Rid­ers make it dif­fi­cult for them­selves and for fans

Saskatoon StarPhoenix - - Sports - ROB VAN­STONE

REGINA— This au­tumn, we have a greater chance of see­ing Mick Jag­ger or Char­l­ize Theron than a Saskatchewan Roughrid­ers home play­off game.

Saskatchewan’s re­al­is­tic hopes of stag­ing a CFL West Di­vi­sion post-sea­son con­test evap­o­rated one long week ago, when the Roughrid­ers lost 30-25 to the Edmonton Eski­mos on Tay­lor Field.

In the wake of that im­plo­sion, the Rid­ers have been dissed and dis­missed by fu­ri­ous fans and pes­simistic pun­dits.

This is hardly novel. In re­cent reg­u­lar sea­sons, the Roughrid­ers have been writ­ten off more of­ten than Billy Joel’s cars. The team’s foibles have prompted a se­ries of acer­bic cri­tiques by this griz­zled ob­server. Could that con­sti­tute good news? Scathing crit­i­cism — or a seem­ingly lost cause — seems to be the recipe for a resur­gence in Riderville.

“You’re right,’’ fourth-year Roughrid­ers re­ceiver Matt Dominguez said.

“That’s pretty much the M.O. of this team. We al­ways play our best when our backs are against the wall. It’s the way it has al­ways been since I’ve been here. It’s no dif­fer­ent this year.’’

This year’s record is no dif­fer­ent than it was at the 14-game mark in 2003.

Three years ago, the Rid­ers sported a 7-7 slate fol­low­ing a 2-5 tail­spin. Com­pli­cat­ing mat­ters, there was the firestorm sur­round­ing de­fen­sive end Shont’e Peo­ples, whose ar­rest for pos­sess­ing a minis­cule amount of mar­i­juana be­came pub­lic knowl­edge af­ter the Roughrid­ers’ 14th game.

The com­mo­tion prompted the team to close ranks and im­pose a brief me­dia boy­cott. More crit­i­cism en­sued.

The Rid­ers re­sponded by win­ning their fi­nal four reg­u­lar-sea­son games to fin­ish at 11-7. That is Saskatchewan’s only win­ning sea­son since 1994.

The 2003 Rid­ers went one step fur­ther, de­feat­ing the host Win­nipeg Blue Bombers 37-21 in the West semi­fi­nal. Saskatchewan pro­ceeded to lose to Edmonton in the di­vi­sion fi­nal, but the 2003 sea­son was still widely rec­og­nized as a suc­cess.

Then-Cal­gary Stam­ped­ers pres­i­dent Ron Rooke took no­tice. He at­tempted to hire the Rid­ers’ foot­ball-op­er­a­tions staff — most no­tably Bar­rett and GM Roy Shivers — to re­con­struct a floun­der­ing team. The group ended up stay­ing put, largely at the urg­ing of Bar­rett, who was a 2003 coach-ofthe-year nom­i­nee. Can Bar­rett sal­vage this sea­son, too? It doesn’t look promis­ing — but, again, that might be a good omen. The Roughrid­ers are more apt to re­spond when peo­ple are down on them.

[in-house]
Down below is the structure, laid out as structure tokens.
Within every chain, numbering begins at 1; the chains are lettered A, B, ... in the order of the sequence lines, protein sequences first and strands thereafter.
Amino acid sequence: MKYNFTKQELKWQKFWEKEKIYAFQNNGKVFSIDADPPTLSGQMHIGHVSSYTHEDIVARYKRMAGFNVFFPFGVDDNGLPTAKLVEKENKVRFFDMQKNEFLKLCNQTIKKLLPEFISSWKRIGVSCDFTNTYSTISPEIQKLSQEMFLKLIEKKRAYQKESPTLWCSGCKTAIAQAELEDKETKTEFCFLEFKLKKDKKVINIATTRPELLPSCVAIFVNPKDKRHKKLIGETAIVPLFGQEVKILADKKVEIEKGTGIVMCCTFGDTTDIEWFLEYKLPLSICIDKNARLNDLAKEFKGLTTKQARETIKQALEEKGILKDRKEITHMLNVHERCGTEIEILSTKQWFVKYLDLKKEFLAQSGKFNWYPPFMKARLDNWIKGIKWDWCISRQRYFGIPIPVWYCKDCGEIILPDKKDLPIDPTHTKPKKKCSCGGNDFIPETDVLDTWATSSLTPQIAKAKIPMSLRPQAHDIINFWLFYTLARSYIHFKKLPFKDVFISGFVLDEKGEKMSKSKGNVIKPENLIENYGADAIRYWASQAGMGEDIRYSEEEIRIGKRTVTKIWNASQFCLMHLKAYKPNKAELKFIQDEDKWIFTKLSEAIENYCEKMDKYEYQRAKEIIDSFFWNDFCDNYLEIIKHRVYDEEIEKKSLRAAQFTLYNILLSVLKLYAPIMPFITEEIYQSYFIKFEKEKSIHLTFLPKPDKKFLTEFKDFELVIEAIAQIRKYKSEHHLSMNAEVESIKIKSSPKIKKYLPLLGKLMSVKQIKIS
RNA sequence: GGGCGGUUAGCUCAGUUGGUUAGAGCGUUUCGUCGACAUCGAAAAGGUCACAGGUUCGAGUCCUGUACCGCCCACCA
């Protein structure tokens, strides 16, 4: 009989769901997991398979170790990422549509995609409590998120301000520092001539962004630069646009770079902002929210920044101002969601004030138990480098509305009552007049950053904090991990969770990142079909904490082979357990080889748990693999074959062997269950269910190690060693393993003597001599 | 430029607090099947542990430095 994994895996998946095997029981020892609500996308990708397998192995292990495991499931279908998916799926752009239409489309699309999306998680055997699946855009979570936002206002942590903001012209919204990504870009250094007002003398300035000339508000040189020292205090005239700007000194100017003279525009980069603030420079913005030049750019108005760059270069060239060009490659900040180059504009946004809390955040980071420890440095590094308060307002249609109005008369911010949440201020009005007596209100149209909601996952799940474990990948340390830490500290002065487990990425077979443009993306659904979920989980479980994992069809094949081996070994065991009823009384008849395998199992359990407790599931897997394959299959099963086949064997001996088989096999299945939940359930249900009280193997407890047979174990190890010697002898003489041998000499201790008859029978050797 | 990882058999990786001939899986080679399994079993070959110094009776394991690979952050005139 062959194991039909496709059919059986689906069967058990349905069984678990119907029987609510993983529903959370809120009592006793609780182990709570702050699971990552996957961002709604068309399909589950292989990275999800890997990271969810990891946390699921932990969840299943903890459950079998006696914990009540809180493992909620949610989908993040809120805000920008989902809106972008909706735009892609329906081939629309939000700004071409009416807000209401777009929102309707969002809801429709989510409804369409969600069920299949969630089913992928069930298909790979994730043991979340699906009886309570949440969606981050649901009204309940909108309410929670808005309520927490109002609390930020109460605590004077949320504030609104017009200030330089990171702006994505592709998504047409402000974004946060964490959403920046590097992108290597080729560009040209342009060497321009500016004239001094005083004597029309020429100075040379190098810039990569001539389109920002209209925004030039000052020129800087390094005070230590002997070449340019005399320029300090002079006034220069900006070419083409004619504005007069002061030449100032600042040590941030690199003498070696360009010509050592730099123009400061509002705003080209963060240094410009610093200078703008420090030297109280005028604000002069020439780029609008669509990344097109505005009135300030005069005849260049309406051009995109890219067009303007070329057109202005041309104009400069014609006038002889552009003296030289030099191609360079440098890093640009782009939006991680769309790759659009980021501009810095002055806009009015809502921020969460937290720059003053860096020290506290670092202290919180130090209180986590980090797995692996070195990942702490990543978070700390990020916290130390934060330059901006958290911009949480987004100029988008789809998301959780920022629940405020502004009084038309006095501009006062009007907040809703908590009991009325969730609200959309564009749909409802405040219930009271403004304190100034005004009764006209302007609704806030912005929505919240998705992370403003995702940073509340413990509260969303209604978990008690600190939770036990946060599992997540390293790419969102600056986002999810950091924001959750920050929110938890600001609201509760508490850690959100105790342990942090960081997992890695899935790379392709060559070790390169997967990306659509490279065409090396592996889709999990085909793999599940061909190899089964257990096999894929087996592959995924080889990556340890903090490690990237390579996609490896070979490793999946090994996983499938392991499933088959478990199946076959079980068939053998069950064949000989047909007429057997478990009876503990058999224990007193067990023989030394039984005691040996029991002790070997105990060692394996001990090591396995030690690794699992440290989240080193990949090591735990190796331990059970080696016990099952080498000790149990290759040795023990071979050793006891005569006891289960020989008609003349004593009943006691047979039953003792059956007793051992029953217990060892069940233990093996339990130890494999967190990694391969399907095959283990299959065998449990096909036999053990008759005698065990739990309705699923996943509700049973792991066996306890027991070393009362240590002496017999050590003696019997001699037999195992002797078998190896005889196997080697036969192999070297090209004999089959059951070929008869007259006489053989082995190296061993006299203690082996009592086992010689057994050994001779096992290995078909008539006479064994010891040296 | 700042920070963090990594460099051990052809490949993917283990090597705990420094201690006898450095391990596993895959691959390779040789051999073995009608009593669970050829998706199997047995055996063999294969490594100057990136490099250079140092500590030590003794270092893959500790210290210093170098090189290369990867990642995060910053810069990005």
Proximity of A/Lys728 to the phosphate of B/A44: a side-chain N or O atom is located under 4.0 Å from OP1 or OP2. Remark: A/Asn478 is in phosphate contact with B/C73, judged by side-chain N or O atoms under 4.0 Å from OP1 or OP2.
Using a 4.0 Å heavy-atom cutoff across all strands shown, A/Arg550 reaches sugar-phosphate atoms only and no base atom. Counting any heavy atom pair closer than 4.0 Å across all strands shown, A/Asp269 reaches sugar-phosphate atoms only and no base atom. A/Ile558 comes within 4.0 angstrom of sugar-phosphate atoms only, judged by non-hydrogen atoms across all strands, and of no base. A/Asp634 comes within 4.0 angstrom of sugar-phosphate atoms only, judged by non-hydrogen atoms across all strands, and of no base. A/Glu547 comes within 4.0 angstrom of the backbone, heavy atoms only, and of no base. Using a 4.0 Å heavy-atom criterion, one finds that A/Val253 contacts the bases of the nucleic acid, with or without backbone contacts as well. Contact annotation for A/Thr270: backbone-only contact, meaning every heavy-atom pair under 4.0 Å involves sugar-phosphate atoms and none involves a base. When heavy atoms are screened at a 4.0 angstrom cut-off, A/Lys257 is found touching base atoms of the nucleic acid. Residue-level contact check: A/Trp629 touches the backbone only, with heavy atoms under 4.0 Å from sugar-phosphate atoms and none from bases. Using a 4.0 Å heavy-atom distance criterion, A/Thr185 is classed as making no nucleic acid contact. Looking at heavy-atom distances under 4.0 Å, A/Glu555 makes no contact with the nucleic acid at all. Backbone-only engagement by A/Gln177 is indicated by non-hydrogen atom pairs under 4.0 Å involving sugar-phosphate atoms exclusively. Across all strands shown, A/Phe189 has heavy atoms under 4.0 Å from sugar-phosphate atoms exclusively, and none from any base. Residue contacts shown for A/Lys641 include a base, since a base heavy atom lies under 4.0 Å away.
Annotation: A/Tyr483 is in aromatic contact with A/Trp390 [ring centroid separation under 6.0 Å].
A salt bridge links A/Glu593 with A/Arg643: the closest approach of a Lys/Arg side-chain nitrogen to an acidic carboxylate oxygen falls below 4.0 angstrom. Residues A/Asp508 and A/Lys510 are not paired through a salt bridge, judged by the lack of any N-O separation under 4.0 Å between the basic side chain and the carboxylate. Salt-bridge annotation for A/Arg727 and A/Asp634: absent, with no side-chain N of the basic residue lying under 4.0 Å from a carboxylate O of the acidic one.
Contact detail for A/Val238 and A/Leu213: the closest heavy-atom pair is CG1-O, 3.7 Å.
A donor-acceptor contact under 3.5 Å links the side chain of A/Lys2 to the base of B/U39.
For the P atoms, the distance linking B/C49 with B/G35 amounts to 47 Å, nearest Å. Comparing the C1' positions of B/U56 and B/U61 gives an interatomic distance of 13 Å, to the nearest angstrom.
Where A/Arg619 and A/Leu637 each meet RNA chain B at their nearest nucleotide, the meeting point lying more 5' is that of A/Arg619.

We have al­ready seen how the Roughrid­ers fare when there is the prospect of a ma­jor break­through. It isn’t pretty.

One week ago, Saskatchewan had an op­por­tu­nity to squelch any plau­si­ble hope Edmonton had of mak­ing the play­offs for a 35th con­sec­u­tive year. In­stead, the Roughrid­ers gassed a 14-3 lead and gave Edmonton an­other life. The odds still favour the Rid­ers, who are four points ahead of Edmonton (5-9) for the West’s fi­nal play­off spot.

“I look at our 7-and-7 record as not in­dica­tive of our tal­ent and the type of level we should be play­ing at,’’Dominguez said. “It’s just the record. Edmonton won the Grey Cup at 9-and-9.You’ve just got to get in. Ev­ery­body here knows that. I don’t want it to seem like an ex­cuse, but that is the thing. Edmonton is still four points be­hind us. We’ve just got to keep them there.’’

For Bar­rett to re­main where he is, a late-sea­son re­vival is of the essence.

This will be Bar­rett’s most-cru­cial test in seven years as the Rid­ers’ field boss. Af­ter all, Bar­rett’s con­tract is to ex­pire af­ter this sea­son.

Com­pli­cat­ing mat­ters, start­ing quar­ter­back Kerry Joseph is at­tempt­ing to shrug off a sore knee. Good luck . . .

A week ago, it was rea­son­able to sug­gest that Bar­rett could save his job by at­tain­ing the board of direc­tors’stated bench­mark of a home play­off game.

So much for that. Now it ap­pears that the Roughrid­ers will have to reach the Grey Cup for Bar­rett to be re­tained.

A .500 record is not re­flec­tive of great­ness. But re­mem­ber: The last Saskatchewan team to win the CFL ti­tle — the 1989 edi­tion — had a 9-9 record.

Sound familiar? The Roughrid­ers are on pace for a third suc­ces­sive .500 sea­son. They typ­i­cally do it the hard way.

“Pretty much,’’Dominguez said. “I’m al­ways look­ing for that one thing that makes us get the past the hump where we’re al­ways up, down, up, down, up, down. I haven’t found it yet. That’s just me.’’

That’s just the Roughrid­ers. They cus­tom­ar­ily per­form at a level which is con­trary to ex­pec­ta­tions.

Last week, ad­her­ence to tra­di­tion cre­ated dev­as­ta­tion in the Rider Na­tion.

This week­end, Saskatchewan fans can only hope for more sur­prises.

Regina Leader-Post

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